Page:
That’s too subjective for me. “A man holds his property because it’s his,” Rand wrote more simply to a reader of The Fountainhead in July, 1946, “—regardless of how many parasites claim that they need it more than he does.” Until he commits a crime, that goes for Sharif El-Gamal and his planned mosque.

-Anne C. Heller

Note: I plan to visit the Ayn Rand Archives as a registered user in early October. If you have a particular research question based on my book or other reputable sources, please send them to me at, with AR Archives” in the subject line. I’ll report on what I find in mid-October.


19 thoughts on “Thoughts on Rand, Islam, and the Manhattan Mosque

  1. Great post and points!

    While I’m not an Objectivist, I too agree with a right to property. And an ‘individualist’ approach would suggest that it’s both unwise and false to so broadly generalize about any group of people.

    As you know, my essential problem with Rand is her fundamental misunderstanding of Altruism… especially its biological roots and (fuzzy but real) connection to ‘natural human community size’ (Dunbar’s Number)…

    In fact, it could be argued that Ms. Geller’s reaction precisely arises out of that ‘in-group vs out-group’ dynamic which is the very essence of biological altruism and which Rand rejected as worthy of consideration… (unfortunately fundamental drives can’t be ignored).

    Ayn Rand & Alan Greenspan: The Altruism Fly in the Objectivist Ointment

    BTW, my own project… The Commons-dedicated Account is Libertarian in its essence and (I believe) a necessary foundational development for building better citizenship and governance.

    Personal Democracy: Disruption as an Enlightenment Essential

  2. What follows is my opinion, alone. It is not meant as a rascist remark, but rather based on factual evidence. The Jews have been Jingoists throughout their history–as has been documented by many other Jews, et. al. Rand was a Jew and behaved as such throughout her life, and included only Jews, almost exclusively, among her friends and close associates. In fact, it is not unkind to suggest that she represented the epitome of the stereo-typical Jew. The Muslim extremists are certainly a threat to the western world, but we don’t need another Ayn Rand to explicate that all are brutes and beasts, and to escalate the problem even further! I don’t believe in the sign of the cross, but I also don’t believe in the sign of the dollar–that is, greed!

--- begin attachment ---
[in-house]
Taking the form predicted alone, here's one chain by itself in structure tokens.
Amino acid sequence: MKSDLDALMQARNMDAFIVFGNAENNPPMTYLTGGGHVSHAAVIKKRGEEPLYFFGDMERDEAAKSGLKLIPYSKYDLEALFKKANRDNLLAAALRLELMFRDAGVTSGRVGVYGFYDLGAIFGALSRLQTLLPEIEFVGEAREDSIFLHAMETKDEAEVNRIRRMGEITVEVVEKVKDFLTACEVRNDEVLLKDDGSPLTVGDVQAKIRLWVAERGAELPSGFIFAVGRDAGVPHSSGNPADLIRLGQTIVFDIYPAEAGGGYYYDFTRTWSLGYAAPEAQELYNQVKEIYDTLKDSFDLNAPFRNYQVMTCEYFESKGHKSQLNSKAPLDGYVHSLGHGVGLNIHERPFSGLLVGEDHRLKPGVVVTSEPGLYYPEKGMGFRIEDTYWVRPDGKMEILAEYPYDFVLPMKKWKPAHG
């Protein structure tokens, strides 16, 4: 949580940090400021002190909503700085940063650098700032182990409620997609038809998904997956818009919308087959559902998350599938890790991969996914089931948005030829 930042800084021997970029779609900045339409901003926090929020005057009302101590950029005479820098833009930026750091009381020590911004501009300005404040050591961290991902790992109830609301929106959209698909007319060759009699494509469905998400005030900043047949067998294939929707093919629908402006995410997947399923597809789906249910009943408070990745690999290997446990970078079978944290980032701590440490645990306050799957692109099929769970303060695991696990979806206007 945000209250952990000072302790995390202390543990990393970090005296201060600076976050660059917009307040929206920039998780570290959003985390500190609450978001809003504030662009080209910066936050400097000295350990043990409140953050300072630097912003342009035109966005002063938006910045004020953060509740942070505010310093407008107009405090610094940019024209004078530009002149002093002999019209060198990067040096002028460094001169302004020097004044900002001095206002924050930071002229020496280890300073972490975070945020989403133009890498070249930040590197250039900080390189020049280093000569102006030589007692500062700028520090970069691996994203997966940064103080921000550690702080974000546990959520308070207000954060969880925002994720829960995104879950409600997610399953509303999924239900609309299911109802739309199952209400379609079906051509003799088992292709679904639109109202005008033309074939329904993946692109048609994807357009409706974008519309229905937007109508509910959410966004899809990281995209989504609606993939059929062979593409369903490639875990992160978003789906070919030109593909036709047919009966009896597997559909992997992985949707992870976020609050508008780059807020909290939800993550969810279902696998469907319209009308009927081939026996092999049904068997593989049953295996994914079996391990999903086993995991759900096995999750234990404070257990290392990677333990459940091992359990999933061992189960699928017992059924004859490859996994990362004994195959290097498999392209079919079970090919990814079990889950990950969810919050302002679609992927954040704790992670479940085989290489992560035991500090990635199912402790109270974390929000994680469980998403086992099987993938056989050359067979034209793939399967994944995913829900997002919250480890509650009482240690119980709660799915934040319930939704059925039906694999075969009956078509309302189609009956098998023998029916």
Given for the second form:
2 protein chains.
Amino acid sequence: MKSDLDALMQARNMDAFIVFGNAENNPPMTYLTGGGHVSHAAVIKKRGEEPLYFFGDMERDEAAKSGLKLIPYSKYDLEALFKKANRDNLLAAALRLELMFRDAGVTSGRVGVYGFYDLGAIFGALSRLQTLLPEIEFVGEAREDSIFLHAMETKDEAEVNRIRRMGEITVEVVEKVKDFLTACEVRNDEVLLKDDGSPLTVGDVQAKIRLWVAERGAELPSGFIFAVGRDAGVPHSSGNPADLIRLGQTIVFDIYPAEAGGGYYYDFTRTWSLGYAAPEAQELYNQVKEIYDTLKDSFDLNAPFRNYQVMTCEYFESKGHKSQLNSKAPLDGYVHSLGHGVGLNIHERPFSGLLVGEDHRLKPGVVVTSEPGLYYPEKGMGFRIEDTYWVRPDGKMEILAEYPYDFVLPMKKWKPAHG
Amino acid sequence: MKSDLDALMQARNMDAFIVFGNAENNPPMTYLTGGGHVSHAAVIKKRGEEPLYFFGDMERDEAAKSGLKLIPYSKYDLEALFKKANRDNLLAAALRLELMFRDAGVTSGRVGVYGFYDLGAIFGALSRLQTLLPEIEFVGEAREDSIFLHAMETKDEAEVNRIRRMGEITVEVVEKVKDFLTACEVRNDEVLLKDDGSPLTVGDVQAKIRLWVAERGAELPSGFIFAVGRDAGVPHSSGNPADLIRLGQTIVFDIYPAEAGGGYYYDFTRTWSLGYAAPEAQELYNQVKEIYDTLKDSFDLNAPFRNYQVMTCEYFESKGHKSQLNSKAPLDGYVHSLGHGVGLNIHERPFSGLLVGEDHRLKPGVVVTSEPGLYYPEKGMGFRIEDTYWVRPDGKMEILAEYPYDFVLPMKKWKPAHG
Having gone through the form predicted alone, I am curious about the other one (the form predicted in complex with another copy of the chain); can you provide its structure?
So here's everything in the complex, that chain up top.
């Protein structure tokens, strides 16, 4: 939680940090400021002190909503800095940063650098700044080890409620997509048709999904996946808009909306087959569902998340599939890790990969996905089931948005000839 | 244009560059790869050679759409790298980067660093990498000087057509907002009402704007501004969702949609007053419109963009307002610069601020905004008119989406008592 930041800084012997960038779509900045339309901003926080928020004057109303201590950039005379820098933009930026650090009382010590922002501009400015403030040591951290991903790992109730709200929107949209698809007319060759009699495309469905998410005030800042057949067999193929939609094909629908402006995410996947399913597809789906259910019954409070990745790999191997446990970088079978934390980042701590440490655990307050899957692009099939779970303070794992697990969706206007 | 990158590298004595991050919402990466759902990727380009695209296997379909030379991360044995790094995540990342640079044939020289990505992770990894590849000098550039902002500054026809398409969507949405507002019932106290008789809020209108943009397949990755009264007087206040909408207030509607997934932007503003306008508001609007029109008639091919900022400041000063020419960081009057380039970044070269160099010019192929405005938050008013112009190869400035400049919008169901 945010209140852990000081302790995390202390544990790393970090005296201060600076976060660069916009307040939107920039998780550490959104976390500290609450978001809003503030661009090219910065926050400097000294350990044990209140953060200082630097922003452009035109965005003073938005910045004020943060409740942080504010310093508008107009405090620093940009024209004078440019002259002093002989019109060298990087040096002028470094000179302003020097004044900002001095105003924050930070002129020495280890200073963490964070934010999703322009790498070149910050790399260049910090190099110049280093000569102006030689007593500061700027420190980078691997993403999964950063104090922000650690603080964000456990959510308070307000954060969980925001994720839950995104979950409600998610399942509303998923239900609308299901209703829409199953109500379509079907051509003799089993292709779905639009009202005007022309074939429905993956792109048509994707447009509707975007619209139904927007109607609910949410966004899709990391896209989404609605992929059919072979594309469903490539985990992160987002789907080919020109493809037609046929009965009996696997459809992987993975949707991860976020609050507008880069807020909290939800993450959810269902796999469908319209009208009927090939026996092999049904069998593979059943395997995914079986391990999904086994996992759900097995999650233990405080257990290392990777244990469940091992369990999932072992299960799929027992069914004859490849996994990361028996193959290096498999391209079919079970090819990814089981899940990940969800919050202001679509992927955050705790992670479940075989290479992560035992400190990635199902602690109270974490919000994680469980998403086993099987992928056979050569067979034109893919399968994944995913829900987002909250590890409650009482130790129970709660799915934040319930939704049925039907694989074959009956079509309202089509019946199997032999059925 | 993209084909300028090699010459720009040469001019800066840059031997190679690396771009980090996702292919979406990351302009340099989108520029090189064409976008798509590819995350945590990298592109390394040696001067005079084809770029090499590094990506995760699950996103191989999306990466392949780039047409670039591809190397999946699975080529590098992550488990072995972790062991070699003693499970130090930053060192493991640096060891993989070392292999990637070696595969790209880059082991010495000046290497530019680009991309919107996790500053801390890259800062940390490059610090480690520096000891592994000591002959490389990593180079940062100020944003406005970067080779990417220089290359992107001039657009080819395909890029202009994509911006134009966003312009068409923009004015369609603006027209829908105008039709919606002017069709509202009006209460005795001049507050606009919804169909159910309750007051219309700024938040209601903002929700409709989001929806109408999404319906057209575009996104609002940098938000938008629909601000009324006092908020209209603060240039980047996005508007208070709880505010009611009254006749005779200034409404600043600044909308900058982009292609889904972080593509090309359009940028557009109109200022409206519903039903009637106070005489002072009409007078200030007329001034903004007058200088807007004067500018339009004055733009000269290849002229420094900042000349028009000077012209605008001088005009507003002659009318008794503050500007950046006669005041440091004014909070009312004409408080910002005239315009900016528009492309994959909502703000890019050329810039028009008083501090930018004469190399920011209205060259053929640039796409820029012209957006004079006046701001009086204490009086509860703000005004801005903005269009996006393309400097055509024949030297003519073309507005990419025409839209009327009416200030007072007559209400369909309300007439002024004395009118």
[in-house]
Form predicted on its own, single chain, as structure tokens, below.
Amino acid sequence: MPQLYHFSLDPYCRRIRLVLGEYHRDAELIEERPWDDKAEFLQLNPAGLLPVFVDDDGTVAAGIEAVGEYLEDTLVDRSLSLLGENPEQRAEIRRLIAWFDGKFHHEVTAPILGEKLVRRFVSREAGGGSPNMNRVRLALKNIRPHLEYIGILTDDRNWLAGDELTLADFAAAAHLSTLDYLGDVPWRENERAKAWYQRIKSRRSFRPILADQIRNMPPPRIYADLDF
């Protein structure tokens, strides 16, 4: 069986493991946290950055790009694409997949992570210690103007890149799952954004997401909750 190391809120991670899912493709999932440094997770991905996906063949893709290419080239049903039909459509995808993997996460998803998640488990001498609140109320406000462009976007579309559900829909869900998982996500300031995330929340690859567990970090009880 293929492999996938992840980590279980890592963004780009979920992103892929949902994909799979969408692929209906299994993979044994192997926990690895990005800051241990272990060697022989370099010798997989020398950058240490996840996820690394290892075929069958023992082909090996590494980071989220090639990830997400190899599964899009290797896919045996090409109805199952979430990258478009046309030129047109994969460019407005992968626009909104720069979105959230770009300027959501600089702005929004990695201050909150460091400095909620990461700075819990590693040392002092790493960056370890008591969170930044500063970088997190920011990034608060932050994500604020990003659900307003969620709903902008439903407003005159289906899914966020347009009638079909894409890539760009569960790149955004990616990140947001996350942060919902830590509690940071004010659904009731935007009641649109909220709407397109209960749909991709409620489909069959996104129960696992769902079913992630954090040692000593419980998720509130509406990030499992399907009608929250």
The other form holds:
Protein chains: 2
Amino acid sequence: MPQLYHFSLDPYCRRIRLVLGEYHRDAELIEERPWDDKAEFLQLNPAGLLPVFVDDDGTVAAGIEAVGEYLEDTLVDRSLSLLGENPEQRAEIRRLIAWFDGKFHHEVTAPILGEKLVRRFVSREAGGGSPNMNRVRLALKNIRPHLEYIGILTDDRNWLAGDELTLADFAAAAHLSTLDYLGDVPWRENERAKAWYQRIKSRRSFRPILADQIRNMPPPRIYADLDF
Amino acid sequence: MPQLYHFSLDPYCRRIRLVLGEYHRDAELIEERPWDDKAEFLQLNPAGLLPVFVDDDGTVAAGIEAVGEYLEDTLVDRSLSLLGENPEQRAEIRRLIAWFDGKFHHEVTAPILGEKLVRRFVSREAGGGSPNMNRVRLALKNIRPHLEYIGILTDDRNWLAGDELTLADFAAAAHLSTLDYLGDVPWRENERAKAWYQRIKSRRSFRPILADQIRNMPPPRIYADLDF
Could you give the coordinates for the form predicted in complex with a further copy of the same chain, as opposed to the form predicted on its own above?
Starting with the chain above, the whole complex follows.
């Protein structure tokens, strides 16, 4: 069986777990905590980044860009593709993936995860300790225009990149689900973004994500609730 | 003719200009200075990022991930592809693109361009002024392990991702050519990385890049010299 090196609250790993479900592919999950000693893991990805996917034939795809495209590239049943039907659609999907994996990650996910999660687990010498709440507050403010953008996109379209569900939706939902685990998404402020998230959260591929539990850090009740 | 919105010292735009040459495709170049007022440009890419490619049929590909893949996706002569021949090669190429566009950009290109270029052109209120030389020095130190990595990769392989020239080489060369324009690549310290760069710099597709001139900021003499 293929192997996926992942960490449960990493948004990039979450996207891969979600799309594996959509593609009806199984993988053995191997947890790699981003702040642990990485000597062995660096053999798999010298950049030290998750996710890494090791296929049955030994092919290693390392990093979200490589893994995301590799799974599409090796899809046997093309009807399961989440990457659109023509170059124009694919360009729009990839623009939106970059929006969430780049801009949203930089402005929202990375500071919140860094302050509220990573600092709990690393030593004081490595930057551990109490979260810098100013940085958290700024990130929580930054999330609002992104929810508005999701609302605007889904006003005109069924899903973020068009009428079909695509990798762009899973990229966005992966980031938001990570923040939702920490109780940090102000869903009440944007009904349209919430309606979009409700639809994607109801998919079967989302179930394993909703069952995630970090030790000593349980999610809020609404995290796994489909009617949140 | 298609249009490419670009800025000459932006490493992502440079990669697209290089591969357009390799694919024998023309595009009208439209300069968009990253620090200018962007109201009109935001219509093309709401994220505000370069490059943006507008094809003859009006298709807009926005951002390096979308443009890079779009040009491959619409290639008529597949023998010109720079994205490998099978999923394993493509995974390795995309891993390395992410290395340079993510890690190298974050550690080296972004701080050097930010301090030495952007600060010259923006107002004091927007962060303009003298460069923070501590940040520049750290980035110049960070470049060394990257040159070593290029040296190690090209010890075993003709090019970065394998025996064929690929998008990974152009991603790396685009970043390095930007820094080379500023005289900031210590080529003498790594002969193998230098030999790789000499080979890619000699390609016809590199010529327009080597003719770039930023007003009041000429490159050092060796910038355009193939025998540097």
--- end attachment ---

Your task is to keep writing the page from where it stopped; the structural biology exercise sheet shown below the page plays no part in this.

3. I think that it is important to not club people in groups and blame all for the wrong-doing of a few. Clubbing people goes against determining individual merit which is what objectivism is all about.

    It also goes against the American principles of democracy and freedom and equality for all irrespective of colour, origin, religion..

    This kind of bias refelcts poorly on the country. The point about the Natives not doing anything with the land makes no sense. It is the root of all the environmental degradation we’re seeing today. The balance has to be maintained. The native people of any land treasure and nurture it and are one with it. Outsiders who come in, only exploit it for their benefit. This has happened throughout history and will continue to happen but it doesn’t make people who do not want technological advancement in any way inferior to those who want mindless development.

    The bias we show towards any people will only breed resentment which is waht causes all the rifts and the consequences of these rifts.

  4. So I don’t see the problem here from an Objectivist’s perspective.

    They already own the building, they’ve owned it for months and have been using it for months as a prayer room.

    They plan to improve the building to make a community center open to anyone, which will be an improvement over the building that stands there today.

    Until they bought the building, noone was interested in it. The building had been standing vacant for years.

    Someone want to explan the errors in my reasoning?

  5. Ayn Rand’s views not support any kind of tribalism. However, nearly everywhere around the globe the dominant ideology includes some kind of collectivism. It is not others who lump Arabs together but mostly Arabs who see themselves in collective terms. But in this they aren’t that different from Danes or Swedes or Hungarians. The ancient practice of seeing oneself as a part of some “greater” whole hasn’t yet been seriously challenged other than in some areas of American culture. Even there the idea of belonging to a group flourishes and the prominent political position of communitarianism encourages it (see the works of the Canadian philosopher Charles Taylor). As to the anti-Semitic tirade above, it’s vile. Reminds me of my Nazi father.

    • No, Rand’s views do not support tribalism; that is, her ideas do not support tribalism. Tibor, I am curious to know what you make of her statement that property “is not the right to an object, but to the action and the consequences of producing or earning that object,” if you would care to comment.

  6. Rand believed that rights are social conditions that make it possible for people to act freely–to write, worship, trade, acquire and hold stuff, etc. Only derivatively does one have a right to some object such as a car. What one has a right to is to acquire and hold and trade the car. As Rand stated, “A ‘right’ is a moral principle defining and sanctioning a man’s freedom of action in a social context.” (From “Man’s Rights,” The Virtue of Selfishness, hb. 124; pb. 92)